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Tue 1st May 2018
May Day
By Dr Katherine Wotherspoon
Blog Tags: News, Research
We have done the first cut and collect of the year today in the hope of reducing dominance of coarse grasses and increasing cover of yellow rattle and wildflowers. What will the results be?

Today is May Day- significant for many as it is an ancient northern hemisphere spring festival and a traditional spring holiday in many cultures. The sun is shining, and for us at Three Hagges Woodmeadow it marks our first hay cut of the year (more by accident than design with regards to the date) in the hope to reduce the dominance of coarse grasses and to encourage growth of low growing forbs and the all important yellow rattle.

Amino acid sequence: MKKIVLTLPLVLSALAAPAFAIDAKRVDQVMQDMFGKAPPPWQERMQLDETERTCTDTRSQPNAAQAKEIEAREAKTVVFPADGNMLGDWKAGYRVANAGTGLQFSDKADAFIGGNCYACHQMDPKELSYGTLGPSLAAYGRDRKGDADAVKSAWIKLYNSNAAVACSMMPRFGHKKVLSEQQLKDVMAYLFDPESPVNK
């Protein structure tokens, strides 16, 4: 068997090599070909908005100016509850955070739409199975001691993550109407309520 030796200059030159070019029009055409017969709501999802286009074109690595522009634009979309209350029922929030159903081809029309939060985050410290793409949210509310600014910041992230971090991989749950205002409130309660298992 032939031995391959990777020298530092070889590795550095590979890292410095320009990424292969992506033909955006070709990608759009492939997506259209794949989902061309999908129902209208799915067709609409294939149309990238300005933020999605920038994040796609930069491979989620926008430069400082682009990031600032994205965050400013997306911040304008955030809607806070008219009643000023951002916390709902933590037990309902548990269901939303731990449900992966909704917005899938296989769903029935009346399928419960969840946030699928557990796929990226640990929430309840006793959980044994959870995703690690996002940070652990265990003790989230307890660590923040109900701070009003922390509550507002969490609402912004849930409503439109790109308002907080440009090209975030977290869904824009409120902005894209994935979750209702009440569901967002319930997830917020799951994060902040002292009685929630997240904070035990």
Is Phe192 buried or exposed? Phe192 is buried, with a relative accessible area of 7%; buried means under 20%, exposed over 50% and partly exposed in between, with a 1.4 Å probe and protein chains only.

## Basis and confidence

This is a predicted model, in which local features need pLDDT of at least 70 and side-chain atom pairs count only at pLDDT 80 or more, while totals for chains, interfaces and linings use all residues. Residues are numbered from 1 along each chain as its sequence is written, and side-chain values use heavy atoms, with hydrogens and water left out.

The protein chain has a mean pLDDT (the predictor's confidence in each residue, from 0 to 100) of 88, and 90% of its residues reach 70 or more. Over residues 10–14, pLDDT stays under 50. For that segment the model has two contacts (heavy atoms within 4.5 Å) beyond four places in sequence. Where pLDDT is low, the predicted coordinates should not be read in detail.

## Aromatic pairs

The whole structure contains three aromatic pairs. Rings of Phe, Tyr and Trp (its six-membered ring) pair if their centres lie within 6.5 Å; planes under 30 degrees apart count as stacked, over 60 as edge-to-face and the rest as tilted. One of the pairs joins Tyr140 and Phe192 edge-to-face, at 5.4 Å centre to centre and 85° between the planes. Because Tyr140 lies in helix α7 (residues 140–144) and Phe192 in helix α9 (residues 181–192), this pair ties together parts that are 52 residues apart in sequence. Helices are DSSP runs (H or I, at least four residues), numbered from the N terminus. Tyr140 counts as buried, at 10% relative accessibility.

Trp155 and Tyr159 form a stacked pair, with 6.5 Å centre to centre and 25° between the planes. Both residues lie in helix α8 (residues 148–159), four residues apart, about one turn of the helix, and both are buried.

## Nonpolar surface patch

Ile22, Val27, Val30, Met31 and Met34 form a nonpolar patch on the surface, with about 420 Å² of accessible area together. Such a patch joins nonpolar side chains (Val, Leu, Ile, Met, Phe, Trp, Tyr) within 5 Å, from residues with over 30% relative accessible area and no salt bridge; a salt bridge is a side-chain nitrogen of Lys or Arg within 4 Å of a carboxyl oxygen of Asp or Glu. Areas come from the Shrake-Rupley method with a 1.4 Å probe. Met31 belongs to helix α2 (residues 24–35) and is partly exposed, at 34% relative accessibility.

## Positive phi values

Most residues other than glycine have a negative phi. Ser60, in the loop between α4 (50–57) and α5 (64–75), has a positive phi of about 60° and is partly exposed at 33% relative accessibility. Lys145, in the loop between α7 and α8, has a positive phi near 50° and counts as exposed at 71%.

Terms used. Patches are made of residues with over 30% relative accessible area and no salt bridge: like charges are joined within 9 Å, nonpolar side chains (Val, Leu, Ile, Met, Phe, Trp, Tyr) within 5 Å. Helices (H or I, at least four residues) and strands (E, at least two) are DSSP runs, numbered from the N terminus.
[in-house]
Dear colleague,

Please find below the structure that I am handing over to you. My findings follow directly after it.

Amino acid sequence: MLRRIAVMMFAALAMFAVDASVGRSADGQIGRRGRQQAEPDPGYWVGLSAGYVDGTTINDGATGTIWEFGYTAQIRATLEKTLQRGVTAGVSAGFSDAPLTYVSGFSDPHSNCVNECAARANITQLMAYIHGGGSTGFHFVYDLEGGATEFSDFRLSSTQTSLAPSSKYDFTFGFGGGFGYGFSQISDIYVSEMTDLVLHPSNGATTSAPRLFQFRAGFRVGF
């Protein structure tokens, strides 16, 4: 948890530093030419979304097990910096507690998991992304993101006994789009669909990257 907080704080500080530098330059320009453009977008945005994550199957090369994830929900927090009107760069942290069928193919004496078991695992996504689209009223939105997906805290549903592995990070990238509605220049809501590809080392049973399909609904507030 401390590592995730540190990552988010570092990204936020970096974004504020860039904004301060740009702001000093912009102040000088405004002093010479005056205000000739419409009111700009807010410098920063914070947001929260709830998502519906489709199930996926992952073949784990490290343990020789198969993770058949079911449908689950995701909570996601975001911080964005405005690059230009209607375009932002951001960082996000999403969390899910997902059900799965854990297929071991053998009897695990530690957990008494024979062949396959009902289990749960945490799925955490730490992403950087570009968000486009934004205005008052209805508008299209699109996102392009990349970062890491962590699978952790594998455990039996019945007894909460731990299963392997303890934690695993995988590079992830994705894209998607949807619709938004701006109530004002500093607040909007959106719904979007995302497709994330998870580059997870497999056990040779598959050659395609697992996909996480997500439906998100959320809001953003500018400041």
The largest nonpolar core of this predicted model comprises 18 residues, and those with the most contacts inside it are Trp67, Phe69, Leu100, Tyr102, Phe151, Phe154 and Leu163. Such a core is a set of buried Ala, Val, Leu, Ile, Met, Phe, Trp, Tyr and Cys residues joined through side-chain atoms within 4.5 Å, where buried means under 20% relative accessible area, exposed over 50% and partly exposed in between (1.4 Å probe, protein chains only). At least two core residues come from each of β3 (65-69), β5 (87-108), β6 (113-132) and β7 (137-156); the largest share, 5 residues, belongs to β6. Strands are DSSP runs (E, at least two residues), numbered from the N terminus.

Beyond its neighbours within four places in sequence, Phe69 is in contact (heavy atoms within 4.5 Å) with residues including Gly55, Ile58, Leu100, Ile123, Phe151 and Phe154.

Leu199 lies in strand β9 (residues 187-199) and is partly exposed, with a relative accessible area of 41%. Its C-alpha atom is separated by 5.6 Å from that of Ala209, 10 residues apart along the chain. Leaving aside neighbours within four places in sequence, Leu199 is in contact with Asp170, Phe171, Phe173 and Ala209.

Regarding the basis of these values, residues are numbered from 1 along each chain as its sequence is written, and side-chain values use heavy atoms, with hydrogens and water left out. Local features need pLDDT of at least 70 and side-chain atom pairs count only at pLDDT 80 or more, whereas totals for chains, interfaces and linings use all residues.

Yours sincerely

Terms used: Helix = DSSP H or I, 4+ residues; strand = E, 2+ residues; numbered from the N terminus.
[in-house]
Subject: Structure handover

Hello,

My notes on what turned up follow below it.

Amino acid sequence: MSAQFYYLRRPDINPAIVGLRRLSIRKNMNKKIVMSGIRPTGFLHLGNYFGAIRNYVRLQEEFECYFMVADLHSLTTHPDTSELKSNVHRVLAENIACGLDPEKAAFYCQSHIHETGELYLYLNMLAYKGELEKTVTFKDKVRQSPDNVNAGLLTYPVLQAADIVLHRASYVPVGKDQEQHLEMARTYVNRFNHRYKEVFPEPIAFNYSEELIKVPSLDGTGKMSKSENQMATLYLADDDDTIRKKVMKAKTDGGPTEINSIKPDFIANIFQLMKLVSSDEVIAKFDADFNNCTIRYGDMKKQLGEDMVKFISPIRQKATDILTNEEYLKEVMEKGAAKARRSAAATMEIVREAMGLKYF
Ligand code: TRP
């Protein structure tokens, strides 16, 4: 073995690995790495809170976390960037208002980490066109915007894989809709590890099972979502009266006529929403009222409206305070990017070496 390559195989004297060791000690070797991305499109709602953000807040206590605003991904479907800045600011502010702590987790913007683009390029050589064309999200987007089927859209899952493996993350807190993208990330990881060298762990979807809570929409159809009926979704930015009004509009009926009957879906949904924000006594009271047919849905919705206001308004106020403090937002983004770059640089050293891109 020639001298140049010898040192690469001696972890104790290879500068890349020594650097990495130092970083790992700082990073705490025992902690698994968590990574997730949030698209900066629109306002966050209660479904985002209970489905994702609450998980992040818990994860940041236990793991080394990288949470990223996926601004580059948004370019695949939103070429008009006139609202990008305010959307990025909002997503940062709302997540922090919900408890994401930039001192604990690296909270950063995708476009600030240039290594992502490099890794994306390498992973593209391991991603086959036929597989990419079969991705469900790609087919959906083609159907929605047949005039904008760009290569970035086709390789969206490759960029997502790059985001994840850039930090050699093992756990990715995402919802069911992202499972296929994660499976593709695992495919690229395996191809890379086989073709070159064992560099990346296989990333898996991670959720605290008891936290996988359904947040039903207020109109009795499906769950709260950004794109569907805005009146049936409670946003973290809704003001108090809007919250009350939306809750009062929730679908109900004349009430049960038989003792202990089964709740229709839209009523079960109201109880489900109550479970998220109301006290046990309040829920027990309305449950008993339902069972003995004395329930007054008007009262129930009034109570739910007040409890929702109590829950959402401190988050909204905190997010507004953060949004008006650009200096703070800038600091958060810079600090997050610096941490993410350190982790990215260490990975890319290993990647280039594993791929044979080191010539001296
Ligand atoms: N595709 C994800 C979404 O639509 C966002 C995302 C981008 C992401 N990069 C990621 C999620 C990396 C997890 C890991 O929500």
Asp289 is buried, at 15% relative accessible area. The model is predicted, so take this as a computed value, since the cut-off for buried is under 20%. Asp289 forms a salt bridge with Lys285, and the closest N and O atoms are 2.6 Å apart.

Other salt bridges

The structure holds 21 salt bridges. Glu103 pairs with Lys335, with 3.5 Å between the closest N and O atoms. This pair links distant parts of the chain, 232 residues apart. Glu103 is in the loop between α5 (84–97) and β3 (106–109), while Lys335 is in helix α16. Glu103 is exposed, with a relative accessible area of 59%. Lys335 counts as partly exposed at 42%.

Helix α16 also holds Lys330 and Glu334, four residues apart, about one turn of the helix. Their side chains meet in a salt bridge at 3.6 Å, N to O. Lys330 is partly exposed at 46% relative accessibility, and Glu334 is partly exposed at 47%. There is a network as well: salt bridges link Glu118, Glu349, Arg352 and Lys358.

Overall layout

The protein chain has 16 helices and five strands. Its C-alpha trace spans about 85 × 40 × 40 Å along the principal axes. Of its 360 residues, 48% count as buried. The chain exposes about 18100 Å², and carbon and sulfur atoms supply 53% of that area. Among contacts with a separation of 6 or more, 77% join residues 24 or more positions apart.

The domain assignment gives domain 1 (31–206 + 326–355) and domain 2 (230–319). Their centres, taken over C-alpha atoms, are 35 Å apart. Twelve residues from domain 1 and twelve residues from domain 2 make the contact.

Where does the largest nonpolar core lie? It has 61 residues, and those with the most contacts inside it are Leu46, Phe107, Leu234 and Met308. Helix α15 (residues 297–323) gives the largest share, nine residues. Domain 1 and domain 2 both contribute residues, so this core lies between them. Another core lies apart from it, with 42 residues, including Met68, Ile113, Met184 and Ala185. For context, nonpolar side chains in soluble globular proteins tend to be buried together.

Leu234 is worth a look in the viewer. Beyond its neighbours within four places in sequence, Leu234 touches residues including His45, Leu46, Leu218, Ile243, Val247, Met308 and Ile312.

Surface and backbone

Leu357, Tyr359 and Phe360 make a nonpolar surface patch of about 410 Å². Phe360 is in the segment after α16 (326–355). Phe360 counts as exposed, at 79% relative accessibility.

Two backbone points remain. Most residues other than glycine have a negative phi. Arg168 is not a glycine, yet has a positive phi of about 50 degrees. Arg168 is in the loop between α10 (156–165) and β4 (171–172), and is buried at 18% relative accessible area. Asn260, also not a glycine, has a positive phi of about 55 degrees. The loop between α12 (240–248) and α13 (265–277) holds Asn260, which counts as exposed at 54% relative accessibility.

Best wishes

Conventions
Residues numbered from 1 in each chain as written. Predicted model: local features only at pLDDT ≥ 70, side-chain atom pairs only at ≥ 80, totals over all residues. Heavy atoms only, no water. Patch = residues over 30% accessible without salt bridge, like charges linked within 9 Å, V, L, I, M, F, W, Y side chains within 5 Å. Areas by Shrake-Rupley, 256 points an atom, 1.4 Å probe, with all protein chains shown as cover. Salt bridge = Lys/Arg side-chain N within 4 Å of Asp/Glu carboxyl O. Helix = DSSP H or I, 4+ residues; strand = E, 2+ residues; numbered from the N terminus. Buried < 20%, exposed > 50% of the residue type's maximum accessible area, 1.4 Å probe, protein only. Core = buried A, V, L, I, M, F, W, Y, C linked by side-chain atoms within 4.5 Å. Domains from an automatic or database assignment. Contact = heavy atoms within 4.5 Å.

In learning about meadow creation and management, it has come to light that the best way to reduce nutrients in the soil which favour the growth of grasses, is to cut, cut and cut again. So this year we decided an ‘early cut’ as well as a summer hay cut, and an early autumn cut was the best chance we had to remove the nutrient load and encourage wildflowers.

Over the last few weeks we have been watching the growth of yellow rattle (a known hemiparasite, gaining some of its nutrients from grasses and supressing their growth), to ensure we cut at the right time; before yellow rattle gets too tall but after the grass has grown significantly enough to justify a cut. The wet weather has complicated things slightly in that before this week, it was unlikely a tractor would be able to access the site. However, everything has come together and we are excited to see the results of the cut in the next few weeks. Watch this space…